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Friday, March 1, 2024
Miren Gutierrez interviews SYLVIA BORREN, Co-Chair of the GCAP
ROME, Dec 4 2008 (IPS) - The Doha Financing for Development Conference is over and many are now wondering how it went and what really happened. Sylvia Borren, co-chair of the Global Call to Action Against Poverty (GCAP), was there.
IPS: What was civil society’s role in this process? SB: Well, the two day pre-conference of the civil society was rather good. We had enough expertise in our networks and 250 people attending to have well-researched argumentation in the room. And we put together a solid civil society paper of improvements and additions on all issues for our governmental delegations.
The official U.N. meeting opened against the horrific backdrop of the Mumbai attacks with blood and violence on our TV screens. It proved that no ‘war on terrorism’, masculine competition and a ‘winner takes all’ mentality can stop terrorist or violence.
A press conference gave us the opportunity to hand over our input to the president of the General Assembly (Miguel d’Escoto Brockmann), who gave an impassioned speech about the urgency of putting need above greed, and changing paradigms in our world. He spoke of our input in his opening speech to the General Assembly the next day where Gemma Adaba from ITUC (International Trade Union Confederation) was our strong civil society voice, high on the five-minute speakers list.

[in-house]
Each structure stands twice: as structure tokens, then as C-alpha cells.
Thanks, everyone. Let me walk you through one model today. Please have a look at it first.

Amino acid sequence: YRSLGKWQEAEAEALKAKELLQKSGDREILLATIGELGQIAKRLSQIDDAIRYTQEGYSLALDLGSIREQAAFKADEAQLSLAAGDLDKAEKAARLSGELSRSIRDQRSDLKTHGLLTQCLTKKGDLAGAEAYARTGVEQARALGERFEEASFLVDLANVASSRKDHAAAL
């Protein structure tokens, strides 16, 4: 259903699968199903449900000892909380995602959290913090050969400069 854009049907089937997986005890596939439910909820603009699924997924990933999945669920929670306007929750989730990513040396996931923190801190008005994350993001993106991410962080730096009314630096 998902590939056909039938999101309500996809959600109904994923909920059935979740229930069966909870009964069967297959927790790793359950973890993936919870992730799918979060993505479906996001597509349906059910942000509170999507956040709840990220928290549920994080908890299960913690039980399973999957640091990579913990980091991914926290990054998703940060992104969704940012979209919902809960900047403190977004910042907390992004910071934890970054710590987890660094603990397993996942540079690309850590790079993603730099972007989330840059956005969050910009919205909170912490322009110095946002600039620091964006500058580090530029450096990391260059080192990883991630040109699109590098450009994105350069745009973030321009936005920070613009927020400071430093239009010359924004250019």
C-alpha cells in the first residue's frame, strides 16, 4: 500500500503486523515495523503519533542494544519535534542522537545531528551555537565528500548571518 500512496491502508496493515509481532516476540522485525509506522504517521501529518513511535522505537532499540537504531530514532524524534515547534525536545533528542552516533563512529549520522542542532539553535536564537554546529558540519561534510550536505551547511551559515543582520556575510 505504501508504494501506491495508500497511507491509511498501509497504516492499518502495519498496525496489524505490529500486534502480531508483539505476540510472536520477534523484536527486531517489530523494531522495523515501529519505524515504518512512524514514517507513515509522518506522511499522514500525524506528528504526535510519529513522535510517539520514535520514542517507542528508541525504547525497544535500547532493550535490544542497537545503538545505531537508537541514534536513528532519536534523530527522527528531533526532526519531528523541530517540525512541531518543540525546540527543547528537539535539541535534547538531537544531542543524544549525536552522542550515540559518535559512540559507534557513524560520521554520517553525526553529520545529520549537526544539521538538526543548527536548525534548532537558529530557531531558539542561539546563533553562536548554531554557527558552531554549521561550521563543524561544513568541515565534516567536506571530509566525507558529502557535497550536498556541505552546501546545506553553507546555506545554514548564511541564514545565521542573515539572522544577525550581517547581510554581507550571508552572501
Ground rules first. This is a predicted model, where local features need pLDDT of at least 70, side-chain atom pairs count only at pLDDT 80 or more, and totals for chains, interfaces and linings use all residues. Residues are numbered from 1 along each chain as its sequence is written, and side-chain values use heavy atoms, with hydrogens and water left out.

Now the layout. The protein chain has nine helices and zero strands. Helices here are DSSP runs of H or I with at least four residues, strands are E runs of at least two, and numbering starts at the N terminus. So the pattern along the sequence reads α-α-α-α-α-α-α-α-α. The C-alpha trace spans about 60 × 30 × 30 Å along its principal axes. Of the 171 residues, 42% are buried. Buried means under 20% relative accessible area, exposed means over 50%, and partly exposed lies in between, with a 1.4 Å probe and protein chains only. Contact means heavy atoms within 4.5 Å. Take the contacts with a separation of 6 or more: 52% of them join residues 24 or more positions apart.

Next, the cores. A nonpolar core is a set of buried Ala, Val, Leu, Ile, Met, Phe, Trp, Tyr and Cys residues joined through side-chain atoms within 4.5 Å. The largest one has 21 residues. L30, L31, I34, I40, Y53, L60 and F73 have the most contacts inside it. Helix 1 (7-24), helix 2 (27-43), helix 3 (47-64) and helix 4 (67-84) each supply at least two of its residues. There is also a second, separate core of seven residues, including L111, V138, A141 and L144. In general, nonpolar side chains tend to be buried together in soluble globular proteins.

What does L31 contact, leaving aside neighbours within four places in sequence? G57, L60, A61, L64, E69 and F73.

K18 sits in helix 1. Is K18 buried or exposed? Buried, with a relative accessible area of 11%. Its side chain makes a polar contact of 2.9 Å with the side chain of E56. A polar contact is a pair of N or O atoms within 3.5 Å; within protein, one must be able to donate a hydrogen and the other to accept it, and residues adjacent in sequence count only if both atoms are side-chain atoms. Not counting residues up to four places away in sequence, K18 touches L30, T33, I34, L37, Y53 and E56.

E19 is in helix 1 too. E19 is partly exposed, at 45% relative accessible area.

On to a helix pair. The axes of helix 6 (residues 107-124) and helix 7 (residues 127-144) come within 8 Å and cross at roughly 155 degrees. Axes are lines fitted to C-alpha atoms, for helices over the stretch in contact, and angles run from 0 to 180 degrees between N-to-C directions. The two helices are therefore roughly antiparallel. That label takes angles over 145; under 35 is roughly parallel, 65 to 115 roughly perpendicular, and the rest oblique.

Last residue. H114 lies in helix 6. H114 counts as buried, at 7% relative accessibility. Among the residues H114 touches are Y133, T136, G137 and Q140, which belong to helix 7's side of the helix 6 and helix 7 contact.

IPS: What were the governments’ contributions? SB: French President (Nicolas) Sarkozy, holding the EU presidency, made a strong plea for urgent solutions, especially for Africa. But for me he was too ‘pro’ his own G20 initiatives and rather ‘divide and rule’ towards the G77 as well as the EU, in stressing the French bond with Africa. His proud claims about 60 percent of official development aid coming from Europe and the extra 1 billion euro for the food crises made me snort cynically…
The U.S. delegation was the same, they kept boasting about being the biggest bilateral aid donor, and having doubled that in the last eight years. As it was only 0.16 percent of their GNI in 2007, and they have never committed to the 0.7 percent – they too were walking on thin ice. After all twice (nearly) zero remains (nearly) zero.
Strong speeches came from the two special envoys to this conference: the development minister from Germany, Heidemarie Wieczorek-Zeuland, and the finance minister from South Africa, Trevor Manuel.
IPS: How did the negotiations go? SB: The six roundtables started badly, with civil society invited but given virtually no airtime. Only on the last day the roundtable on systemic issues allowed some real input and dialogue.
The side events suffered from having too many speakers, but were very good. My favourite was on Decent Work, chaired by Mary Robinson, with a great lineup of speakers: ambassadors from Norway and Bangladesh, multilateral institutions, UNCTAD and more civil society input. We also had a great dinner with UNIFEM – arguing about needing a new U.N. women’s conference in 2010… It needs to be about designing and implementing transformational gender strategies, as well as exchanging notes on stopping violence and making more inroads with quotas and gender mainstreaming.